As above, bike grease is generally packed into bearings to keep them rotating smoothly and to stop water getting in, or smeared on bolt threads to stop them from corroding and seizing. Bike grease is pretty standard stuff – regular replacement being the most important thing – although some of the more expensive greases use Teflon particles to reduce friction.

Whatever grease you choose to use, be careful not to over-grease bearings or threads as an excess of grease will attract dirt like a magnet. Wipe off any excess after you are finishing greasing or use a grease gun for more precise application.

Suspension Oil
As well as the above-outlined categories of general bike lube and grease, there are a number of lubrication products for specific applications/parts, chief among them suspension oil for forks and rear shocks.

This oil is used inside the shock or fork (typically in the fork leg lowers) where it keeps the bushes and seals lubricated for smooth, friction-free operation.

Your suspension oil will become dirty over time and regular replacement will help prolong the life of your fork/shock and improve performance. As with motor oil, suspension oil is characterised according to its viscosity or ‘weight’, with a 5wt oil being thinner and more free-flowing than a 15wt oil. The weight of the oil used in your suspension will also affect characteristics such as rebound damping (thinner oil will flow quicker through the holes in the rebound cartridges, speeding up the rate of rebound, and vice-versa) so many riders regard the type of oil they use as one more factor in the fine-tuning of their suspension performance.

If in doubt on which type of oil to use in your fork or shock, consult your manufacturer’s manual or an online oil chart.

Carbon paste
Carbon paste is similar in look and feel to conventional bike grease but is not designed to lubricate or reduce friction – rather, the opposite. A light smear of this paste is used when putting together carbon fibre components (for example a carbon handlebar/stem combo or a carbon seatpost) as it helps to improve grip between the two surfaces. This helps to avoid the risk of over-tightening, which could damage the carbon, and prevent parts from slipping under load.

Chainrings buying guide

Bike cleaning fluids are generally divided into two types – degreasers which act to break down and remove old grease and gunk from moving parts prior to reapplication of lube or grease; and general cleaners which are used to bring non-moving parts (frame, wheels etc) up to a nice shine, and which are specially formulated to be kind to modern frame materials such as carbon fibre.

Your chain and other transmission parts (chainrings, cassette, jockey wheels) should be clean before any lubricant is applied. Dried mud can be brushed off with a semi-stiff brush and surface grime removed with a clean, dry cloth. One this is done regularly you should avoid the need to ‘deep clean’ your chain too often – removing the old lube and the dirt it has gathered – but if you do, you will need a degreaser to break up the old, gunky lube/dirt paste, after which it can be rinsed away.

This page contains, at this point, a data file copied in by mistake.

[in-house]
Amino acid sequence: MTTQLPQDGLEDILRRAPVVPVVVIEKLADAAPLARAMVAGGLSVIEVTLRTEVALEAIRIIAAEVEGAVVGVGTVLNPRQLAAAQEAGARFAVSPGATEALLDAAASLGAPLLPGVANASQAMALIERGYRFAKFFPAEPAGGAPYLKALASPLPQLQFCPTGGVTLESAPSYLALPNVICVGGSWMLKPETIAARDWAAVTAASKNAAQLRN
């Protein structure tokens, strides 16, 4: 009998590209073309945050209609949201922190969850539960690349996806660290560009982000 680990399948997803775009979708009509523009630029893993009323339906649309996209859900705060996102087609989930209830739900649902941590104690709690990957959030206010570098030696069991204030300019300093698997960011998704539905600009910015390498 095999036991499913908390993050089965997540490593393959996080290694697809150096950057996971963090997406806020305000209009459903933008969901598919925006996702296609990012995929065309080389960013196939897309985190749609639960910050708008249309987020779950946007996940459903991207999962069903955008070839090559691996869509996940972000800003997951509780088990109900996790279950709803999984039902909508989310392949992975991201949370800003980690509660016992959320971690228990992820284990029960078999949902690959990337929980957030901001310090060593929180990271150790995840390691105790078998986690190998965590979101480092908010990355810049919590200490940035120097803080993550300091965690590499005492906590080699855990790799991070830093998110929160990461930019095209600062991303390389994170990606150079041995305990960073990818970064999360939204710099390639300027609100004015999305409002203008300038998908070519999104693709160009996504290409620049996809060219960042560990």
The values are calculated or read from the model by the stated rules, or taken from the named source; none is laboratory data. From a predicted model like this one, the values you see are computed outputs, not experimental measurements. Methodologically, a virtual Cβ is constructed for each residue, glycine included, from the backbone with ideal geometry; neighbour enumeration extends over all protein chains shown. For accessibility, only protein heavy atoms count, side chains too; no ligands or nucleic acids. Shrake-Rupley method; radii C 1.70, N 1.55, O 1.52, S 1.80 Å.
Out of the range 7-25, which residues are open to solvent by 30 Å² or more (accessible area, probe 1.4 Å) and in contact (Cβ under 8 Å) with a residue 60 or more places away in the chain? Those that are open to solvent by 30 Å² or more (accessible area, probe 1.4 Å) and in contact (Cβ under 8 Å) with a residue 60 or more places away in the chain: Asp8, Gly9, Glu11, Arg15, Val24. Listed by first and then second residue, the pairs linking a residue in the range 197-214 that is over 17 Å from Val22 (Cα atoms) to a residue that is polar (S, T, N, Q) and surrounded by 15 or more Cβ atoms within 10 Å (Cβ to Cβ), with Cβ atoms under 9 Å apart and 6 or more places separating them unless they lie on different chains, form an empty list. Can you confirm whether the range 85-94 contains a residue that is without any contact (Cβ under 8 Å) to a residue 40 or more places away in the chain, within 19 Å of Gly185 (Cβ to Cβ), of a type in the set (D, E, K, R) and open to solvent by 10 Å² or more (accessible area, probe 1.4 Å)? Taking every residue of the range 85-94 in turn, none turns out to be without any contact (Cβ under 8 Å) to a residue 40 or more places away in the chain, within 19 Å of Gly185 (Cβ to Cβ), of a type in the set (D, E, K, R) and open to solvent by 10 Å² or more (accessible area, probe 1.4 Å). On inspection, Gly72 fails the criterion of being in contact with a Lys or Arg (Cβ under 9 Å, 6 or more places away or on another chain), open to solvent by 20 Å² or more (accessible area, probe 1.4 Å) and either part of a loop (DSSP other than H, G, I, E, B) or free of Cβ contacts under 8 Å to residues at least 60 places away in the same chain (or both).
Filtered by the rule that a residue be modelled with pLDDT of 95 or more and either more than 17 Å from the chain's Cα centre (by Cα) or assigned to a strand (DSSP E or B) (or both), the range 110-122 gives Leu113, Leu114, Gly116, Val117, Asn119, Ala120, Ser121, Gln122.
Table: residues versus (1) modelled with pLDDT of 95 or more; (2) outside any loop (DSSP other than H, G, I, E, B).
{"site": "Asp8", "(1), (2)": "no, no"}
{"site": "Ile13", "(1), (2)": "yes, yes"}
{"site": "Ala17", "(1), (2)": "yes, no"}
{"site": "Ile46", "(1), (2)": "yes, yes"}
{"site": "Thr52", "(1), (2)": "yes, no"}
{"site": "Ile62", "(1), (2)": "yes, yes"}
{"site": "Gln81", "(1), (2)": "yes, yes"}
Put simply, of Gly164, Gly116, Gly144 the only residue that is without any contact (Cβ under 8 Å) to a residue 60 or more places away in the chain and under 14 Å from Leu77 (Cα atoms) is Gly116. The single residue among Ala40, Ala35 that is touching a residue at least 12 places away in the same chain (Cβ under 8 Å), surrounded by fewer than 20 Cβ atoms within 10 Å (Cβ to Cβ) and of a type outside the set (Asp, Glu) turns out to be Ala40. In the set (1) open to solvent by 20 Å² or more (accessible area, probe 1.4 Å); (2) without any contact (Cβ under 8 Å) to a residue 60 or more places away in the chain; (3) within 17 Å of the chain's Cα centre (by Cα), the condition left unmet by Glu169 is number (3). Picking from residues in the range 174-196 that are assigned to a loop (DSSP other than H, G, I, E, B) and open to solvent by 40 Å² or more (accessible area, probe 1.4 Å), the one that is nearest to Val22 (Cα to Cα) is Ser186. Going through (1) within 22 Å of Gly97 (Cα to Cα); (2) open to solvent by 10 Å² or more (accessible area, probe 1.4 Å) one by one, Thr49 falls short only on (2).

Degreasing liquid is strong stuff so make sure to keep it well away from bearings in the headset, bottom bracket and wheel hubs, and from the disc brake rotors. Do not spray indiscriminately – use a brush or cloth to apply to where it’s needed – chain, chainrings and cassette – leave it to do its job, and clean off. You can use a cloth to clean down a degreased chain, or a hose to rinse it off, but be careful when hosing. Never direct high-pressure washers or hose jets directly at bearings as they can wash out the grease.

Bike cleaners
Degreasing liquids when used as bike cleaners can damage paintwork and anodizing on frames and parts. Some concentrated products are used neat as transmission degreasers, but are intended to be diluted for use as as general bike cleaners. Look for cleaners that are formulated without the use of sodium hydroxide, other acids or solvents – or at the very least do not leave cleaning on your frame for too long before hosing off.

For chain cleaning you can also buy a special chain cleaning device to make the job easier. This is a small plastic box which fits around the chain and contains a series of rollers and brushes. Fill the tank with degreaser, rotate the chain through the device and the result should be a sparking chain and a box of dirty degreaser to dispose of.

Go green?
Speaking of disposal – most bike lubes, degreasers and cleaners historically contained nasty ingredients such as heavy metals and chlorine that were harmful to the environment – not nice stuff to be pouring down the drain or depositing in your local stream as you splash through it.

Some still do, but thankfully there are many more manufacturers offering ‘green’ bike lubes and liquids which are made from non-toxic, biodegradable ingredients that protect the environment without compromising performance.